Travelling Around: One Hostel at a Time

Stay at a nice hostel like this one

Stay at a nice hostel like this one

I was introduced to a friend of a friend the other night and after comparing some study abroad and student travel experiences we reached a stalemate regarding hostels.  I’ve had great hostel experiences – well, as great in hostel terms anyway – while she had some horror stories.  None was dangerous, only uncomfortable or unexpected.  Separately, but also fairly recently, my cousin extolled the virtues of Couchsurfing as an alternative to hostels.  Through, she bummed around France during a few weekends of her study abroad semester.  I wasn’t so sure.  So, I decided to spend a little time putting together some information about hostels on the Gulliver Blog.

A couple things to keep in mind:

  • Most of the time, hostels charge by bed, not by room.  If you want the cheapest bed possible, you’ll often be rooming with upwards of 6 other travelers, men and women.  Privacy and security for your goods isn’t guaranteed.  If you pony up for the more expensive beds, you might get it down to 2 or 4 to a room.
  • You won’t have your own bathroom.  Travelers often share communal bathrooms.  It might be helpful to check out the bathroom before you commit to staying at any hostel.
  • Bring a lock.  All hostels should have lockers for your valuables, but you’ll need your own lock to keep them secure.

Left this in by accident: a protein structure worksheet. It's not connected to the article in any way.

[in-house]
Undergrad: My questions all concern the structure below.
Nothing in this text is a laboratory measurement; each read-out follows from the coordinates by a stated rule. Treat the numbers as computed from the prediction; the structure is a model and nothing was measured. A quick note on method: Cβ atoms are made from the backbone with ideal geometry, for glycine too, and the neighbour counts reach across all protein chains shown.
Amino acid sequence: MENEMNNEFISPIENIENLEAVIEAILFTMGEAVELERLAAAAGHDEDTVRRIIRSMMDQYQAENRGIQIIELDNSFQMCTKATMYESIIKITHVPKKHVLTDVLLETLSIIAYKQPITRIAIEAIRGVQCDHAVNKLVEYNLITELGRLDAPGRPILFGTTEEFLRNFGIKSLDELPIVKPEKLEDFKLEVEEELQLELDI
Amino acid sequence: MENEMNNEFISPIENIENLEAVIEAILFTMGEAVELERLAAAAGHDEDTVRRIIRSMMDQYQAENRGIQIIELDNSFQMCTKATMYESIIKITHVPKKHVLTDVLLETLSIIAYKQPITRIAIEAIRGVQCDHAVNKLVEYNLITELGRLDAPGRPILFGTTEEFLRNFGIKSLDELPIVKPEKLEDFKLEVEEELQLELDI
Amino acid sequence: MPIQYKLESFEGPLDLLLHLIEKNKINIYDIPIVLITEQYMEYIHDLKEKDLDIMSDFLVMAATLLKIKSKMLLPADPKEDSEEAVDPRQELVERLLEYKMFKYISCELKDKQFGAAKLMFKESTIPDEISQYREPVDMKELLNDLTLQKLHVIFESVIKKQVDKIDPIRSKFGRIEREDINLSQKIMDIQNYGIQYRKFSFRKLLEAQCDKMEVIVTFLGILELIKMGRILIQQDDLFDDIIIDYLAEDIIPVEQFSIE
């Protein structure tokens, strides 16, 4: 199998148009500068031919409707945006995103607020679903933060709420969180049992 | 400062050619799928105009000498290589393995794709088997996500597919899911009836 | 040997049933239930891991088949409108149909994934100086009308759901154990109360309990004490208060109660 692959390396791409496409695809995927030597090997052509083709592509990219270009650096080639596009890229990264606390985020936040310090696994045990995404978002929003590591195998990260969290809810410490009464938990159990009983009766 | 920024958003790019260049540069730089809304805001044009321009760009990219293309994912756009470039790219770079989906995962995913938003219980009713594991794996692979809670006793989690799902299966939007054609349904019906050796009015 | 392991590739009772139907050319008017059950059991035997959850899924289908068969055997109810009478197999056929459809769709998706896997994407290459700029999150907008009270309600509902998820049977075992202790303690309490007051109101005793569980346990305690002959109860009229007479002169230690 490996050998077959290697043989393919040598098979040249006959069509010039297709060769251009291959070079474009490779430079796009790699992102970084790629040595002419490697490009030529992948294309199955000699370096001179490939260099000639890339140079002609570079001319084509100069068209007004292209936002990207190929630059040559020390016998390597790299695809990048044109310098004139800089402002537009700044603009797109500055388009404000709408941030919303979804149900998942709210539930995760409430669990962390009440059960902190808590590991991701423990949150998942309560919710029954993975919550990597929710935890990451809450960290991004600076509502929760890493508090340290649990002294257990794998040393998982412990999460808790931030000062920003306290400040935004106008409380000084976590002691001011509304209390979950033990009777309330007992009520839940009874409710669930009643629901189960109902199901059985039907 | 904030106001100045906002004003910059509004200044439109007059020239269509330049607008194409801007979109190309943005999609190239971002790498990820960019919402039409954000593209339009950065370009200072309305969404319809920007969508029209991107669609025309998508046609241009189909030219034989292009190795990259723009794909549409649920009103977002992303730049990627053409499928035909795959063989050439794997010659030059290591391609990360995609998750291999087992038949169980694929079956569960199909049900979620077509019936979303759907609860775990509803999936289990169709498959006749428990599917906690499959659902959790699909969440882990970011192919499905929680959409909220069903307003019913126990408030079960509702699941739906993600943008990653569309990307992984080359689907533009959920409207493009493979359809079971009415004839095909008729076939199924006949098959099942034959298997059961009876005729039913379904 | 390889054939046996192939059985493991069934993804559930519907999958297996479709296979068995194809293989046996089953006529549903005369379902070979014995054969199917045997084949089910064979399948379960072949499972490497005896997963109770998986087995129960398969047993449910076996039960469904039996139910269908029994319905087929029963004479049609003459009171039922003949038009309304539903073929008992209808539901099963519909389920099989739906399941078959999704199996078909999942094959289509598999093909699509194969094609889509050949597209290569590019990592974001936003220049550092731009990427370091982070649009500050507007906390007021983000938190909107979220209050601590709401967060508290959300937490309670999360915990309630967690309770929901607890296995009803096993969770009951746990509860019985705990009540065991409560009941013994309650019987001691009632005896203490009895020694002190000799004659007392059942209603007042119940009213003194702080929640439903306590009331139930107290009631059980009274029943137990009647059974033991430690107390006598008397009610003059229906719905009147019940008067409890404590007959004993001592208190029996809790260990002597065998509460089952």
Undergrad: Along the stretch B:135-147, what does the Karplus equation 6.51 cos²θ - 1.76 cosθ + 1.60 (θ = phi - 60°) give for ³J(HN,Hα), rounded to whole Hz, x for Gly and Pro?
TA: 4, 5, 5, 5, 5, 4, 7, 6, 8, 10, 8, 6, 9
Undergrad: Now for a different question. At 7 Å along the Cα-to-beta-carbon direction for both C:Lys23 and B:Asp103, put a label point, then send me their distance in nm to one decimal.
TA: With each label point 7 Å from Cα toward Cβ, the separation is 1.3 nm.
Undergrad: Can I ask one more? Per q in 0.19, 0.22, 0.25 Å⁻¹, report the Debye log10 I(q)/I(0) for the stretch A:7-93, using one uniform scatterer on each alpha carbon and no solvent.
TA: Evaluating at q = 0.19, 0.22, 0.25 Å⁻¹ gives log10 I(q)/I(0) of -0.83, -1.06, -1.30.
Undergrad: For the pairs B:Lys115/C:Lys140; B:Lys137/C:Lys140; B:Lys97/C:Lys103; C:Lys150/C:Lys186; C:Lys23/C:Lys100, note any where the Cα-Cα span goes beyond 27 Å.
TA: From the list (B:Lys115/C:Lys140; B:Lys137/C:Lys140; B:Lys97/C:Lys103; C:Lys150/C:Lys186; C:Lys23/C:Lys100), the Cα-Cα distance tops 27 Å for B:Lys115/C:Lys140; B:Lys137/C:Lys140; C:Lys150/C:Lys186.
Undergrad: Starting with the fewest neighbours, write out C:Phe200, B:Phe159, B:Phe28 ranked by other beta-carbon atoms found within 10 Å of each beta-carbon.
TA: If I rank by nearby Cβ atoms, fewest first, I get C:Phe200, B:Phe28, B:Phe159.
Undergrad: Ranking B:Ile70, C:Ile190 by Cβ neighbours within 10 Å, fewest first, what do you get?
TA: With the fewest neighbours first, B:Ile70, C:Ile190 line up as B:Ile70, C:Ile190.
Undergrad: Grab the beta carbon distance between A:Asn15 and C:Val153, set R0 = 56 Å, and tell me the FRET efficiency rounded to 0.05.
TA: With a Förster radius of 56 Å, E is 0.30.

• Book ahead of time.  If a hostel doesn’t have vacancies, you may be turned away.  You can book months in advance, often times online, so don’t hesitate to do so.
  • If you aren’t getting a good vibe from your hostel, leave and go to another one.  Yes, you’ll be taking your chances without a reservation, but it’s much better than staying somewhere you feel uncomfortable.  To that end, write down the addresses of several hostels in your destination so you have some choices.
  • Check your hostel’s guidelines.  Many hostels have curfews of midnight.  If you are out later than that, there’s no guarantee that you’ll be let back in!
  • Bottom Bunks are better.  You can tuck clothing up to create curtains.  Top bunks get hot in the summer.
  • Bring a sleeping back liner in lieu of sheets.  They’re compact, warm, and bed bug free!

Two good websites for finding hostels and reserving beds are and Hostelling International.  With Hostelling International, a $28 yearly membership allows you to stay surcharge-free in hostels around the globe.  It also gets you discounts to hostels and other activities.

Remember, staying at a hostel isn’t always the quietest experience, nor do you have the privacy of a hotel room, but it’s inexpensive and potentially a ton of fun.  For more info about student travel, check out Gulliver’s Prepare to Go section.  Get out there and go abroad.

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Gulliver helps students Study Abroad. Our blog covers: current issues in Study Abroad; featured posts by Study Abroad students; and Gulliver updates, news, and behind-the-scenes peaks. Thanks for reading!

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